SACRAMENTO (AP) -- Gov. Jerry Brown already has cut back on cell phones and vehicles for government employees. Now he's looking for even larger ways to reduce state government spending.
This week the governor asked the state's top watchdog agencies to create "Top 10" lists for cutting waste and improving efficiency. Brown sent letters to the state auditor and the Little Hoover Commission, a state oversight agency, asking for their help tackling the state's nearly $27 billion budget gap.
It's a move that could appease Republican lawmakers who say state government is bloated.
"We must examine and re-examine every possible way to save taxpayer dollars," Brown said in a statement.
Sen. Bob Huff, R-Diamond Bar, who serves as vice chairman of the Senate Budget Committee, called Brown's request an excellent approach that takes advantage of previous reports that may be gathering dust on shelves. He applauded Brown for making the effort to change the culture of government.
"I think there are some bold ideas out there," Huff said. "Often times, the bolder the idea, the more difficult to implement. I would certainly suggest zero-based, or performance-based, budgeting. Put every expenditure under the magnifying glass every year to make sure you're doing what you're supposed to be doing."
The auditor's office should be able to meet the governor's March 4 deadline, said spokeswoman Margarita Fernandez. Brown asked each watchdog agency to produce a list and include five recommendations that he can implement by executive order.
"We received the request, and we'll move to develop the list," Fernandez said. "We think the audit work we've conducted as independent state auditor will be ready to provide the list in the time he wants."
The state auditor is charged with examining agencies to identify potential waste, fraud and mismanagement in state government. The office also is responsible for investigating whistleblower complaints.
The Little Hoover Commission is charged with investigating state government operations. It is led by a bipartisan board composed of five citizen members appointed by the governor and four citizen members appointed by the Legislature, two senators and two Assembly members.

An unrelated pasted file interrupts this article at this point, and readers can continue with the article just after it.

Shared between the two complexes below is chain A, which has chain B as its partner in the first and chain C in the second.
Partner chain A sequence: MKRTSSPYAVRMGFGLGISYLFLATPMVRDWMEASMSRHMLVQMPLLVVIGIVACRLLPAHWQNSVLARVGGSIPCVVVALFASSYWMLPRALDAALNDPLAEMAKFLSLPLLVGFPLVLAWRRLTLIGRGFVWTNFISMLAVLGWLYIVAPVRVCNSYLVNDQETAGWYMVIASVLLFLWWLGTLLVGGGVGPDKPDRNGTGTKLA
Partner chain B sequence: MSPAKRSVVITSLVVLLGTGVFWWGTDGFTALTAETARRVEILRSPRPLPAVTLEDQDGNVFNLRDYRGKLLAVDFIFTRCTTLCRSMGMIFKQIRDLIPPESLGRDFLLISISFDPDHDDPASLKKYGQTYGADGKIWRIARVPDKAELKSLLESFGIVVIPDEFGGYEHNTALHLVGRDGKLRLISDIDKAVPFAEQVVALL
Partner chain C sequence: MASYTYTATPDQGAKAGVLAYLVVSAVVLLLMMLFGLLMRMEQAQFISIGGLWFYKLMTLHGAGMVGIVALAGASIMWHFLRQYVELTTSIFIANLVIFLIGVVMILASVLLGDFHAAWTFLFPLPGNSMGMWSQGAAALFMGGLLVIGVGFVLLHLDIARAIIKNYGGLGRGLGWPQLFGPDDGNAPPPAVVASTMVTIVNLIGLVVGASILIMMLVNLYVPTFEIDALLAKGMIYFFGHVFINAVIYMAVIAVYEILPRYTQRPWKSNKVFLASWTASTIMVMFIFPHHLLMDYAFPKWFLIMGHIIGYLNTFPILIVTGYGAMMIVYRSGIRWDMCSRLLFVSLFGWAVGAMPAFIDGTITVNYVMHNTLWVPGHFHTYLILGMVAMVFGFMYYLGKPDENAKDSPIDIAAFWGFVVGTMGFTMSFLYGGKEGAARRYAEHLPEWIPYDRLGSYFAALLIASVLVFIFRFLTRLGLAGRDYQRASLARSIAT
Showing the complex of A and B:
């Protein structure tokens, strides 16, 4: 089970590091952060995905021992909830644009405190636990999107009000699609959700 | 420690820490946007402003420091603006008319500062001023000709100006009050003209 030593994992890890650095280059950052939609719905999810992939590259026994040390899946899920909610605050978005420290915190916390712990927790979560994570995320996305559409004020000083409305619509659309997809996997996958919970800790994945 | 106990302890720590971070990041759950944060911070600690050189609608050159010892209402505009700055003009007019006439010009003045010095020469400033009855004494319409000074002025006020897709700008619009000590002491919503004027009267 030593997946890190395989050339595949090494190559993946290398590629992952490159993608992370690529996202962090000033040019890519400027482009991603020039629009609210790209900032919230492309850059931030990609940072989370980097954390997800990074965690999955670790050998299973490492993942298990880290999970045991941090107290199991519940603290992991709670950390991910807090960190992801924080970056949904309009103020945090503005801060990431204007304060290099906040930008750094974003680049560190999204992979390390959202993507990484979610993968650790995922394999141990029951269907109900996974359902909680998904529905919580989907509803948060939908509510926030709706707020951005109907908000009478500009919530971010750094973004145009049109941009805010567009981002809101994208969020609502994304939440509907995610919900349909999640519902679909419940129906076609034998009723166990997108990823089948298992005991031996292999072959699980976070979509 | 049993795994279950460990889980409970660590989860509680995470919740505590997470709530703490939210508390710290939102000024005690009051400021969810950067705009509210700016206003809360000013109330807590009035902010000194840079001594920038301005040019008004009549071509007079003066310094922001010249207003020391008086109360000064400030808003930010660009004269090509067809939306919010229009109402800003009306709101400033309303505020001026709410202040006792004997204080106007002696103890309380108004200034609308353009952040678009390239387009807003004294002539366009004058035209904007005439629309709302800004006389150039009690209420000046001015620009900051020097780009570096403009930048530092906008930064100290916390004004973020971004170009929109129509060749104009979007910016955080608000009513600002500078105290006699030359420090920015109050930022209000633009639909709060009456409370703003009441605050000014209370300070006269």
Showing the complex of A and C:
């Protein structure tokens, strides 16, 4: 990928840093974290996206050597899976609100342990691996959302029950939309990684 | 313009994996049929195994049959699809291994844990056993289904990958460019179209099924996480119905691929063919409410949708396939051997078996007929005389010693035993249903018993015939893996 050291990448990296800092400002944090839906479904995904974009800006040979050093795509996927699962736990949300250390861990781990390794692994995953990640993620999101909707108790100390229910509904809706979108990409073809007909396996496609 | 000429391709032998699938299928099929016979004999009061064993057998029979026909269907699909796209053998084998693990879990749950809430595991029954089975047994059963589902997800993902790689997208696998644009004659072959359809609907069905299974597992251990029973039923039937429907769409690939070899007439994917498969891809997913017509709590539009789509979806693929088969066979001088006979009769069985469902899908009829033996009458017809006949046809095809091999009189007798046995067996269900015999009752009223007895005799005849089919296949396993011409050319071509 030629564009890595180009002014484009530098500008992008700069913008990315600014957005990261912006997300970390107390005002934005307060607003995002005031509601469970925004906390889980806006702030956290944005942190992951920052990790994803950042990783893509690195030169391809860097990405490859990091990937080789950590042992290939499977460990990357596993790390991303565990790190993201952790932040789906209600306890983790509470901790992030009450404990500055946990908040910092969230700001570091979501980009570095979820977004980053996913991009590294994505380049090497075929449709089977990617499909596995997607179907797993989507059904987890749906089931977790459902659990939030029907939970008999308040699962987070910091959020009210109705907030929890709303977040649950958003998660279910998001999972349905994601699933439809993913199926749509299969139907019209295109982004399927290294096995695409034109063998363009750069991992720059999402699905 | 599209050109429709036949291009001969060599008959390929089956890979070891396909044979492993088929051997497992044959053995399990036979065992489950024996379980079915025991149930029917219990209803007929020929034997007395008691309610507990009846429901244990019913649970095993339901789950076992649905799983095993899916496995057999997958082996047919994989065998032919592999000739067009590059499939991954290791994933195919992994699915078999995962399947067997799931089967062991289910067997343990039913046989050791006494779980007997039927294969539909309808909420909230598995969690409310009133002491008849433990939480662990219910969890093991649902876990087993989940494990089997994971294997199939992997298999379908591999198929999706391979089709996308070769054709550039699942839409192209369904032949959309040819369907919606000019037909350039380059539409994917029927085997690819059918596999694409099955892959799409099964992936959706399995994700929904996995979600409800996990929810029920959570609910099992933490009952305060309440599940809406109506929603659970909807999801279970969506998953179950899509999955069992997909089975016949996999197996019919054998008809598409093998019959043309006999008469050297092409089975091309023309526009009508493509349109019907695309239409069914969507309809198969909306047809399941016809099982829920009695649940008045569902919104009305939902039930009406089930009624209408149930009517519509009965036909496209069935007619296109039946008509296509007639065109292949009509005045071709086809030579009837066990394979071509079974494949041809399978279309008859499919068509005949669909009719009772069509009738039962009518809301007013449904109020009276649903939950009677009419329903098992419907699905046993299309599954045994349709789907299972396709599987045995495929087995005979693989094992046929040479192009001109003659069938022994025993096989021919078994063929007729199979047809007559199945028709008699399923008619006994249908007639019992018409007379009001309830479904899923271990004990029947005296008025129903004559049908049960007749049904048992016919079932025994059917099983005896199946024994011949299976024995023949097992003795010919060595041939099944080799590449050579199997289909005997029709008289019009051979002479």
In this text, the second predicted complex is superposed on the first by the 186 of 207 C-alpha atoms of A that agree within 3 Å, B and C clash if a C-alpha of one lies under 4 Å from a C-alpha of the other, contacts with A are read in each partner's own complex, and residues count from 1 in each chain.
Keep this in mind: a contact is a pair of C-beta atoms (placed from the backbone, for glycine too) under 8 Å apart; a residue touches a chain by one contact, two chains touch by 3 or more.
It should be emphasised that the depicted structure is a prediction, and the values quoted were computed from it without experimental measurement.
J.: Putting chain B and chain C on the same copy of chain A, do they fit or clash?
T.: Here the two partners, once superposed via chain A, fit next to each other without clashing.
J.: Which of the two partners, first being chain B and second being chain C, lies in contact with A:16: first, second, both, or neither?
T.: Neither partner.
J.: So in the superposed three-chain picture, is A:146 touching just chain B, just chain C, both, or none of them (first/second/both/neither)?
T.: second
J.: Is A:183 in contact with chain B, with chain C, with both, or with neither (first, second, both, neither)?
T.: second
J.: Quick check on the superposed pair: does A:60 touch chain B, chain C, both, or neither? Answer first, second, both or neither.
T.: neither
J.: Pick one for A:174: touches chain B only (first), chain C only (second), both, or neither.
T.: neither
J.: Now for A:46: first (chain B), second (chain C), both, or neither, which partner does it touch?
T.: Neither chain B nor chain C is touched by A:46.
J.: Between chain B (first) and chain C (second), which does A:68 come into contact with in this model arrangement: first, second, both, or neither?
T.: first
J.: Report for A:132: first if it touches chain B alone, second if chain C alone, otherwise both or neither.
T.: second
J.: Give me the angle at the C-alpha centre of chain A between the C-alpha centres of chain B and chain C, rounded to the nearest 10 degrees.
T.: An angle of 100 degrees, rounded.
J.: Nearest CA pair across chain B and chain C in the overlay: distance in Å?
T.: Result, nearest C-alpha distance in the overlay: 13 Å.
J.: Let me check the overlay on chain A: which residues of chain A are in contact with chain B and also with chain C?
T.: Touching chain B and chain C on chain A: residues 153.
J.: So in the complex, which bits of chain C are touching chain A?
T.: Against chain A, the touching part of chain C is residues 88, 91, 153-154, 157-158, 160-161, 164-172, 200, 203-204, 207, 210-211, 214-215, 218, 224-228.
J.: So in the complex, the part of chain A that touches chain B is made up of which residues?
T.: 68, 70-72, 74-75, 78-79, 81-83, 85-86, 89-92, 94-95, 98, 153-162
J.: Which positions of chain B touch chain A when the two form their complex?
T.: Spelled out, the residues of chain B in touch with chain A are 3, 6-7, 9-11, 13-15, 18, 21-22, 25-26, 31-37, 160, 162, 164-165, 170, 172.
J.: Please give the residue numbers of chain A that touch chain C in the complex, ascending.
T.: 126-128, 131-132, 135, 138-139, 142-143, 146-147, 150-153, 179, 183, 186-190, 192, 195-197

Executive Director Stuart Drown said commissioners will have a chance to discuss ideas next Thursday. The commission has tackled a variety of topics, including prisons, public health and career technical education.
Brown is trying to save $363 million in operational costs next fiscal year. He imposed a hiring freeze on a state government work force of 234,000, halted new vehicle purchases by the state and ordered half the 96,000 cell phones issued to state bureaucrats to be turned in.
"Although your proposals often are not heeded, I want to hear and listen to your ideas and act on those that will enable government to effectively reduce costs and increase efficiencies," Brown wrote in his letter to the watchdog agencies.
Lawmakers, meanwhile, continue to work on Brown's proposal for a combination of spending cuts and temporary tax extensions. GOP lawmakers have so far refused to support putting the tax question before voters.
The governor wants a special election in June, meaning lawmakers must act by mid-March.
The Assembly and Senate budget committees are expected to complete their own versions of the budget next week before the plans get consolidated into a single package.
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